Why do we pretend?

When we’re little, fairy tales are used to teach us important lessons. A book of fairy tales is full of fanciful characters and large illustrations to keep the young mind entertained and interested in learning. These stories serve a good and noble purpose.

When we’re young, our parents teach us about the myth of Santa Claus. We believe in him until we’re mature enough to know that his story can’t be true. An old, fat man in a red suit, visiting every house in the world within one night’s time? Riding a sleigh powered by flying reindeer? How old do you have to be to comprehend that Santa Claus’s story defies the laws of physics?

Sure, a very long time ago, there could have lived a man who gave children presents every year, basically creating the myth of Santa Claus that lives on today. But if this man existed, he didn’t fly around in the sky and squeeze through every child’s chimney.

I understand traditions, but I have to wonder about Santa Claus. Why would it be better for parents to make up a story of a red-suited stranger invading their home and leaving presents for their children, than to be honest and just say the gifts were from them? Why give some made-up dude all the credit? For the entertainment of the children? What are we teaching children when we lie to them and make up stories? And then the kids forgive us for lying because they get presents.


When I was young, I remember reading a book of bible stories written for pre-teens. It had large illustrations, large print, and was full of interesting stories. But I never believed any of the stories because they were just like fairy tales. Just like the story of Santa Claus.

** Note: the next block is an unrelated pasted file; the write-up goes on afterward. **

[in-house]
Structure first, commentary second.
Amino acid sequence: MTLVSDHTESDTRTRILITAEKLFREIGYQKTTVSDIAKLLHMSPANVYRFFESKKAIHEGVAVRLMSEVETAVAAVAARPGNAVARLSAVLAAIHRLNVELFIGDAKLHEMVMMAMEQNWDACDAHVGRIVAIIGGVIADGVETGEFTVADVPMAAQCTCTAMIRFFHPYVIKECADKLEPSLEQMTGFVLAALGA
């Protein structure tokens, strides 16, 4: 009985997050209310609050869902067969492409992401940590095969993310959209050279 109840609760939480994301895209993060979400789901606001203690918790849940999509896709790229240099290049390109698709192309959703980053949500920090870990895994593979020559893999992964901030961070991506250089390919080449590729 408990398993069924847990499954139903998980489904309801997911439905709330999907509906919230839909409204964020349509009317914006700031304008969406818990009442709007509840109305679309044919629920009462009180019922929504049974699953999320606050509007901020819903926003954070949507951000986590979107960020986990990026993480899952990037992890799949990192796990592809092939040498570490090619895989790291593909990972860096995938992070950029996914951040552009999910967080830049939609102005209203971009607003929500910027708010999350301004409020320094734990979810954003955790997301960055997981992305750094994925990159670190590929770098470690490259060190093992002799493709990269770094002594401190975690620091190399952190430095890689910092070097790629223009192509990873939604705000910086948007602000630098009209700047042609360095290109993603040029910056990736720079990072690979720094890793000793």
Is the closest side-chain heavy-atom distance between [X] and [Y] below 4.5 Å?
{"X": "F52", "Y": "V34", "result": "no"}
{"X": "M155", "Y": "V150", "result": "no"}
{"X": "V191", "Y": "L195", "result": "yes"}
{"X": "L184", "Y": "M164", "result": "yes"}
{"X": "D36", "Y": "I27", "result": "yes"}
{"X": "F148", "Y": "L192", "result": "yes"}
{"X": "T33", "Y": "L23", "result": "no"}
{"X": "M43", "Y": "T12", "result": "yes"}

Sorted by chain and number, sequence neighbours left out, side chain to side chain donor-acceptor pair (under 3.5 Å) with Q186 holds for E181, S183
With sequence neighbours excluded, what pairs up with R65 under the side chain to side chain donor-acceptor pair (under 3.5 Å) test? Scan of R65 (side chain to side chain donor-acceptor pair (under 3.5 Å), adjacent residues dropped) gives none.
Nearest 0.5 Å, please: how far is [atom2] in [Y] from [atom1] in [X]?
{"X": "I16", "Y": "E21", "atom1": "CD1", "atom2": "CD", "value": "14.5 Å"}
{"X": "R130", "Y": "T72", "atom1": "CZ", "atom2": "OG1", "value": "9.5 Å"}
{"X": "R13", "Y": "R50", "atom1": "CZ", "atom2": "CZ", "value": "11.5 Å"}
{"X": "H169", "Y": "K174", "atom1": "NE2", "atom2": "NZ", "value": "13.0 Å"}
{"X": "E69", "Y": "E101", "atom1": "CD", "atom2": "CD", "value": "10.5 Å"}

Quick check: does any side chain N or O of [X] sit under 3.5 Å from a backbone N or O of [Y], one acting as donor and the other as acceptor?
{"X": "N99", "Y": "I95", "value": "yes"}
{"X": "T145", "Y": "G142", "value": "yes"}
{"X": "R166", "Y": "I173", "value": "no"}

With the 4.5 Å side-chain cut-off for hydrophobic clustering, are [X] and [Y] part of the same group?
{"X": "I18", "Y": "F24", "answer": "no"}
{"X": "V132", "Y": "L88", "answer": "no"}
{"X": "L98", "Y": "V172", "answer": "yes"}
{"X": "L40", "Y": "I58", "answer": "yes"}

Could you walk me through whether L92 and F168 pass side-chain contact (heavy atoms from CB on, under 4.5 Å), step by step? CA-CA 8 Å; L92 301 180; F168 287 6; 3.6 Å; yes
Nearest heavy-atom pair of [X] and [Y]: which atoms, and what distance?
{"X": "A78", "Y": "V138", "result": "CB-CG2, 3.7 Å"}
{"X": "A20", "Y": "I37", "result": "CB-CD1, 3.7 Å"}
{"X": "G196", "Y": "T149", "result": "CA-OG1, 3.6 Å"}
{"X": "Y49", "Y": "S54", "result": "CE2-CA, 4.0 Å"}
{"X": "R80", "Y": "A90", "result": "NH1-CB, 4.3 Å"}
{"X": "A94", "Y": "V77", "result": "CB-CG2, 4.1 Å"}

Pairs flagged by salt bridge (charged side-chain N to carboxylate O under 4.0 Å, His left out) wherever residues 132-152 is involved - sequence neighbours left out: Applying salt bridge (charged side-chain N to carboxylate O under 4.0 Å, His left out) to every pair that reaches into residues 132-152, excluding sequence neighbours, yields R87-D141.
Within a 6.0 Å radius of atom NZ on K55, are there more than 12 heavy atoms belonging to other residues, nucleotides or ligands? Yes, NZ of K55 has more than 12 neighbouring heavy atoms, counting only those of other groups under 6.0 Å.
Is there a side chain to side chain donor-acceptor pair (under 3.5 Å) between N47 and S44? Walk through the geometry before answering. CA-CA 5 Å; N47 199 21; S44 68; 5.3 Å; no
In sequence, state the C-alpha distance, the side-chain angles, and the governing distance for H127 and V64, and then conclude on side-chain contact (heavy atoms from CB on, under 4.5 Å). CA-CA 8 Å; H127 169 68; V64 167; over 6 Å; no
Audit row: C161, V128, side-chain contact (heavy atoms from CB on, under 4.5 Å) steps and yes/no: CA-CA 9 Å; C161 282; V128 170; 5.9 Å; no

Why do we pretend? To expand our imaginations. But pretending is one thing, and believing is another.

Do you think Mrs. Claus might have been bisexual?

I asked Google if bees suffer from insomnia


Honey Bees do in fact sleep, though there is always significant activity in the hive 24 hours a day, 365 days a year. Research done in 1988 shows that, occasionally, Honey Bees will take rest and become relaxed, their body temperature drops, and they become unresponsive. Their sleep is not exactly like human sleep, but it is considered a form of sleep.


All the bees at Brookfield Farm, in Maple Falls, Washington are tucked up in their clusters in their hives. Some are probably asleep, some awake. It depends on their age and their job. But none are getting a good 40 winks, unless a “wink” is a second. Bees sleep in small naps, but some sleep more regularly than others. What follows is what I have gleaned from my readings…

Are these New Mexican bees asleep or sleeping it off? You decide.

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Sing me a lullaby
in a key I recognize
sweet sounds of paradise
attempts to hypnotize
help me anesthesize
Please, sing me a lullaby